All in therapy

Three Reasons It Matters Why A Treatment Works

Why exactly does someone feel better after massage? Or acupuncture? Or foam rolling? Or a chiropractic adjustment, or wearing K-tape, or doing mobility drills, or a hamstring stretch? There are some good answers to these questions, and the interesting thing I’d like to point out in this post is that quite often, the therapist doesn’t know them. Or even care about them

Graded exposure is a key concept in understanding how to reduce pain caused by movement. It's a very common sense idea, and one that most people kind of know at some level, because there is profound truth to it. But it's also an idea that most people will probably fail to put into practice in a systematic way. Here’s a brief discussion of what it is, why it works and how to do it.

In recent years, pain science has become far more widely known, and that is leading to some interesting conversation and also confusion in the fitness, massage and manual therapy communities. Lorimer Moseley and David Butler have been charismatic and influential teachers on this issue. A good example of their work is found in the popular book Explain Pain, which uses neuromatrix theory as a theoretical background. Moseley provides a very accessible and entertaining talk about pain science in this recent DVD video.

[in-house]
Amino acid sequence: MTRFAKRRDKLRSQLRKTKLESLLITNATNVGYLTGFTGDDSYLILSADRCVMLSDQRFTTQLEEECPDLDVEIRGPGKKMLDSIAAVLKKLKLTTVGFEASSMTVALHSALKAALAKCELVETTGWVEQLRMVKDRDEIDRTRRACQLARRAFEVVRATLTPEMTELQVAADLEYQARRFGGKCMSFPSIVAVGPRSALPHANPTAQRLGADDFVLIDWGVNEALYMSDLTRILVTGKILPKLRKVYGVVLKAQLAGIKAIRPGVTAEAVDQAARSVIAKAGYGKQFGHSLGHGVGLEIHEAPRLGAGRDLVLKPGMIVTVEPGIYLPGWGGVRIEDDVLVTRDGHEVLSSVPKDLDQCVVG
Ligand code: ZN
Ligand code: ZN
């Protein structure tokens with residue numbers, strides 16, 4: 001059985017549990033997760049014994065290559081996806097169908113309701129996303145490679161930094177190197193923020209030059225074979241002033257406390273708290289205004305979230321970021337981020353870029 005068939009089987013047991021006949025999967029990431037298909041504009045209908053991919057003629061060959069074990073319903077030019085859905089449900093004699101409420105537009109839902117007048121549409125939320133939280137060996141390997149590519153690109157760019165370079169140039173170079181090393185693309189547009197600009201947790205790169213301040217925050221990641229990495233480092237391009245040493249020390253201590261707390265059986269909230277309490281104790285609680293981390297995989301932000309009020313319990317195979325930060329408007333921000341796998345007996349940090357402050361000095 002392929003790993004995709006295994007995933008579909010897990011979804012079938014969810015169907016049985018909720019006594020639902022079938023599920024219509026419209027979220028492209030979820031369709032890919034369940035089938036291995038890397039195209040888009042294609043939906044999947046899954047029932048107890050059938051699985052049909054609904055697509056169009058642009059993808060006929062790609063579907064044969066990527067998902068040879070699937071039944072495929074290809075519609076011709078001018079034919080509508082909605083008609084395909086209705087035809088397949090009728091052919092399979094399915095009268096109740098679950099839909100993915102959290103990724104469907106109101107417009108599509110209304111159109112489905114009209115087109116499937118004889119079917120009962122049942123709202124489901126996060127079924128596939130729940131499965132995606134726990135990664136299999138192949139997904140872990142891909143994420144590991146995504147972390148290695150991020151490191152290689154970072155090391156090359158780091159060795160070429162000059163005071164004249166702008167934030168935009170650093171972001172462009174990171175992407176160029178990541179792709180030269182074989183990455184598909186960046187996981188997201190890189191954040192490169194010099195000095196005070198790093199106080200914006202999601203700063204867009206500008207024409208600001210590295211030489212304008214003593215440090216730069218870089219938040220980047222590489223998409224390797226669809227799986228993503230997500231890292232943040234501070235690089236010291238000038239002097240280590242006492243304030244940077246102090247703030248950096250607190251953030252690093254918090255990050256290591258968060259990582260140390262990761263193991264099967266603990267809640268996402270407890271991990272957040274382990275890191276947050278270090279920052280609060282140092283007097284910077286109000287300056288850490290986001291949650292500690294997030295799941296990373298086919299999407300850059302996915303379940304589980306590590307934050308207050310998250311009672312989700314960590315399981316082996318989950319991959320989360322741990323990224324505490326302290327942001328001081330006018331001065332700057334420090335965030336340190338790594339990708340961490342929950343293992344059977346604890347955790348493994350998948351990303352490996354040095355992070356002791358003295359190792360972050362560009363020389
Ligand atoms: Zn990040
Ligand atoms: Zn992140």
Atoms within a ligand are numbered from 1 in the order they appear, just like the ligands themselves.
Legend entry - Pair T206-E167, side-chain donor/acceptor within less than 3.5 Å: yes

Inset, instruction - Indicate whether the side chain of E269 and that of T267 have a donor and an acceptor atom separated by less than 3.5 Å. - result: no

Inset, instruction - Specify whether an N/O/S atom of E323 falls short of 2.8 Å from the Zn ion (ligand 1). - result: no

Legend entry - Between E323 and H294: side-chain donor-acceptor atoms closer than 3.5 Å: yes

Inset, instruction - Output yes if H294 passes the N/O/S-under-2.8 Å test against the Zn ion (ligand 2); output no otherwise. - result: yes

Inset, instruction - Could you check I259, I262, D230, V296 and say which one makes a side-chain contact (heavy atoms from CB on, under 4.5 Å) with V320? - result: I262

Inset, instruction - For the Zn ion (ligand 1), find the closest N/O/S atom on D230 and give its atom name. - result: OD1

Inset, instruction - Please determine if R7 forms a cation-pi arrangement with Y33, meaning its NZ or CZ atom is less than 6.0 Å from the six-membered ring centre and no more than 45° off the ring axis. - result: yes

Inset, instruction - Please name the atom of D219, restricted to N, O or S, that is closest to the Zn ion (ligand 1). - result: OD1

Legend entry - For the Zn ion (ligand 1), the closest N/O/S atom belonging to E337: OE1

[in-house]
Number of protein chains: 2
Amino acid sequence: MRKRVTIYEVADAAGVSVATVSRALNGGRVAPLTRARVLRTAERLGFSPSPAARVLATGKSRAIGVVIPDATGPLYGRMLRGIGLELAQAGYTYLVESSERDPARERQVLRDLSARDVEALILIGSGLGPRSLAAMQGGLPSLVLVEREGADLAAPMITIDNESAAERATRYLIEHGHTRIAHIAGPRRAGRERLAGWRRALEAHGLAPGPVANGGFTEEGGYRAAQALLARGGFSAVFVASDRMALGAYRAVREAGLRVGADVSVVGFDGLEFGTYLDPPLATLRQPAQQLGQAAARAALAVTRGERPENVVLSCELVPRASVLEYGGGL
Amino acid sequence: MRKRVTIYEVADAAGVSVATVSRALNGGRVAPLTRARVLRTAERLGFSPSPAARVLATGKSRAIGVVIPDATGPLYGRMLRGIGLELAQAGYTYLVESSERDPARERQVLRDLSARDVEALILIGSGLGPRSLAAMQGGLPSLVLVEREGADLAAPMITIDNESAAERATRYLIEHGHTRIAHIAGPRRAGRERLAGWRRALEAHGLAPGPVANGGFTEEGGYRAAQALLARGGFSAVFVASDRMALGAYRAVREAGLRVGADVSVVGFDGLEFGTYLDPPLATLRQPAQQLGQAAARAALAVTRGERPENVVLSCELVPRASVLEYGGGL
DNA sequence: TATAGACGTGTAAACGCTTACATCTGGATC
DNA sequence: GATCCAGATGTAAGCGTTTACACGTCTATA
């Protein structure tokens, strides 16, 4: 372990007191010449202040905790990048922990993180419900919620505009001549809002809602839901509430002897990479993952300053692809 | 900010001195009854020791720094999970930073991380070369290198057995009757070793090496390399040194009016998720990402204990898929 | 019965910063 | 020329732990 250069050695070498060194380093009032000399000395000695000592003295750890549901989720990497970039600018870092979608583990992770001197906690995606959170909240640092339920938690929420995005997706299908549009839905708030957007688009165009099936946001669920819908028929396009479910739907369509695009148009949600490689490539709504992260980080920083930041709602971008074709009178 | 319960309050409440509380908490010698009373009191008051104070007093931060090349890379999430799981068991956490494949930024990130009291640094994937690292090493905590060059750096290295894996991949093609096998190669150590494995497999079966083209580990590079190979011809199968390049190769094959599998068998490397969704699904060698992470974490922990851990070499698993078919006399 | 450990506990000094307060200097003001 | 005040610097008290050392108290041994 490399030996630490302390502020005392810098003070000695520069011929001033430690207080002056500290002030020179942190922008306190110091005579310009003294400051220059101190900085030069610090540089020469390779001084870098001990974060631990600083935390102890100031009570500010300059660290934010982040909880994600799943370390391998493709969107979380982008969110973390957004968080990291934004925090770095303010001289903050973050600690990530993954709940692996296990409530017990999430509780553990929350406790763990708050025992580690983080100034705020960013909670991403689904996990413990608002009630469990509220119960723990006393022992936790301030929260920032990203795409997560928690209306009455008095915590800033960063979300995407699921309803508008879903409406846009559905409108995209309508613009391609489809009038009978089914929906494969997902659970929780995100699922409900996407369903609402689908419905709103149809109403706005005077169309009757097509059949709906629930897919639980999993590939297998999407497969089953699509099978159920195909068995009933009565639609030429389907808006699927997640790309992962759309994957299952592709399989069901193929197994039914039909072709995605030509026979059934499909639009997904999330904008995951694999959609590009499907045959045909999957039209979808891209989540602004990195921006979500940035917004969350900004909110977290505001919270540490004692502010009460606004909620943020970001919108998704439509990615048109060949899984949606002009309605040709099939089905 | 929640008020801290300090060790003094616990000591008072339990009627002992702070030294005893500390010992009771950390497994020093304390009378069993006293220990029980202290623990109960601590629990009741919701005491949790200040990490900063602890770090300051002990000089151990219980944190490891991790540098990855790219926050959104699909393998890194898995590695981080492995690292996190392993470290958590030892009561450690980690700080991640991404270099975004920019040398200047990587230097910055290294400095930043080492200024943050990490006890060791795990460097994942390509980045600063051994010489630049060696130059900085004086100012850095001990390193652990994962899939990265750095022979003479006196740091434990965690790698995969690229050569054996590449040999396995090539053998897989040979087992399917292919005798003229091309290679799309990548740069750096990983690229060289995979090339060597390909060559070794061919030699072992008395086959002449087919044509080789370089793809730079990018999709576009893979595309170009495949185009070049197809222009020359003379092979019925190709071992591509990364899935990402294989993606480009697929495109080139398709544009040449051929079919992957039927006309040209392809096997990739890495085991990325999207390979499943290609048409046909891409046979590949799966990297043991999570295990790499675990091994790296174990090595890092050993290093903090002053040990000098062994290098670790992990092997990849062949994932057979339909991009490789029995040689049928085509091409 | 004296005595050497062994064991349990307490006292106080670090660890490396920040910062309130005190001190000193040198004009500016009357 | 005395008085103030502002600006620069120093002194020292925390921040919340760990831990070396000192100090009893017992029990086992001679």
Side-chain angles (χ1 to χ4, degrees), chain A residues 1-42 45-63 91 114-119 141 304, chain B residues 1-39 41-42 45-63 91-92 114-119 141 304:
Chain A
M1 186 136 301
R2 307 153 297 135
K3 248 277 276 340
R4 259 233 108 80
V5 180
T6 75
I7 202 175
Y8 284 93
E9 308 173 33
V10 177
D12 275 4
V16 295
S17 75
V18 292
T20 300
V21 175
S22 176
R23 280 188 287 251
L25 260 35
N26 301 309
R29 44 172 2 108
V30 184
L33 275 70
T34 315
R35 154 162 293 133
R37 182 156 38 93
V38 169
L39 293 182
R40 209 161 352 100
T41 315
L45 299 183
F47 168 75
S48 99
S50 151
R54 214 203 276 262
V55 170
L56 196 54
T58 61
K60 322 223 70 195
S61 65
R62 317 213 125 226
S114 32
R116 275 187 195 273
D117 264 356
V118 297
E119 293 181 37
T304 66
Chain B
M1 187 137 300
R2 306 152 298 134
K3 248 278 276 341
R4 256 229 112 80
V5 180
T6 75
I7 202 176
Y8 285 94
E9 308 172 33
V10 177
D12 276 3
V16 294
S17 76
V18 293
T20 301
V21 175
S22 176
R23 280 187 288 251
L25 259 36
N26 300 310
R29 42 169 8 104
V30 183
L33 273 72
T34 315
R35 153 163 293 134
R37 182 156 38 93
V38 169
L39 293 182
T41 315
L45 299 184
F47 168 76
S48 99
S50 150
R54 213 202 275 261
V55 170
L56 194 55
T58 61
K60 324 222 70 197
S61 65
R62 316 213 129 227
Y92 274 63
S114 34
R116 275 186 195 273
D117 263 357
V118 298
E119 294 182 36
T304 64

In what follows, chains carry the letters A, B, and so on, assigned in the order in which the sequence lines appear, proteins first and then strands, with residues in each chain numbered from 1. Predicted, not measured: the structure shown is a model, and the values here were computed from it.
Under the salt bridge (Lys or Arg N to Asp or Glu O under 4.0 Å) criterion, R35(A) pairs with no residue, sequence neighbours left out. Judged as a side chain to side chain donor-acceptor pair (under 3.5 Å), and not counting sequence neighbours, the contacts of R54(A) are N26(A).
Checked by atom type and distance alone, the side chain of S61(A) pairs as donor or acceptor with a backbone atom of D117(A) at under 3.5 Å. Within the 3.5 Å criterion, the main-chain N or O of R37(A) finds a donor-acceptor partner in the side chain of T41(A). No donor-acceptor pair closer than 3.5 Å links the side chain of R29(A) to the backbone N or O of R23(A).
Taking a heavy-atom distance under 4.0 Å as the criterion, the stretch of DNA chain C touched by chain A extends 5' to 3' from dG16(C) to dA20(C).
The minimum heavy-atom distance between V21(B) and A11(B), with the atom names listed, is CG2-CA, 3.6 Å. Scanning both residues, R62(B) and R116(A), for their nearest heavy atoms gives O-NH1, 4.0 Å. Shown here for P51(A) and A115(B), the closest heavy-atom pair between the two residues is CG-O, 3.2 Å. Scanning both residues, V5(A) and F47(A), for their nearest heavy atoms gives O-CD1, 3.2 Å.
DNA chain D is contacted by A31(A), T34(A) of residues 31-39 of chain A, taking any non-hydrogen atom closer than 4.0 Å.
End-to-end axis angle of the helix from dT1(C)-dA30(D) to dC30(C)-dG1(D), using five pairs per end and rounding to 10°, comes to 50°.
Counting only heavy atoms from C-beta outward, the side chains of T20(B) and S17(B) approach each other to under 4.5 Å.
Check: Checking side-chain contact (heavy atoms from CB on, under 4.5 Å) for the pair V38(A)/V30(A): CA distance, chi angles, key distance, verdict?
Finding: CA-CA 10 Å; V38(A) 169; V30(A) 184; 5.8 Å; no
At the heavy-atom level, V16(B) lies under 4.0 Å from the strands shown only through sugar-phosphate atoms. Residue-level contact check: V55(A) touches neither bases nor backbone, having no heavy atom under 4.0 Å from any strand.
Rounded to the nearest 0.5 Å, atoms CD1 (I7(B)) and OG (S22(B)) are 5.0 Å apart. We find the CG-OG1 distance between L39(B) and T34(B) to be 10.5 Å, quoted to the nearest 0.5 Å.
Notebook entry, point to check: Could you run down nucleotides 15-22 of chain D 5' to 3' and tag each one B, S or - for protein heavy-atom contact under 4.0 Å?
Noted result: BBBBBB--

I really enjoy studying biomechanics. I find it totally fascinating to learn, for example, that a certain muscle is very well suited to stabilize a joint, but not to move it through a large range of motion; or that it is active in one movement but not another; or that it becomes atrophied in people with chronic pain. I think this kind of detective work is very cool and I always look forward to applying it to help one of my clients. But that is where things get frustrating, because with biomechanics, as with so many other subjects, the more you learn, the more you realize you don't know as much as you would like to know. And sometimes you don't know enough for your treatment protocols to make any sense.

How Does Foam Rolling Work?

Foam rolling is very popular. Athletic trainers use it as a part of the warm-up. Physical therapists use it as part of their treatment strategy, often to improve extensibility of “short” tissues. There is very limited evidence about what benefit, if any, foam rolling confers. But there are a few studies showing it leads to short term increases in range of motion that are not accompanied by strength loss. (This is interesting because stretching interventions tend to show increased range of motion that are associated with a loss of strength and power.)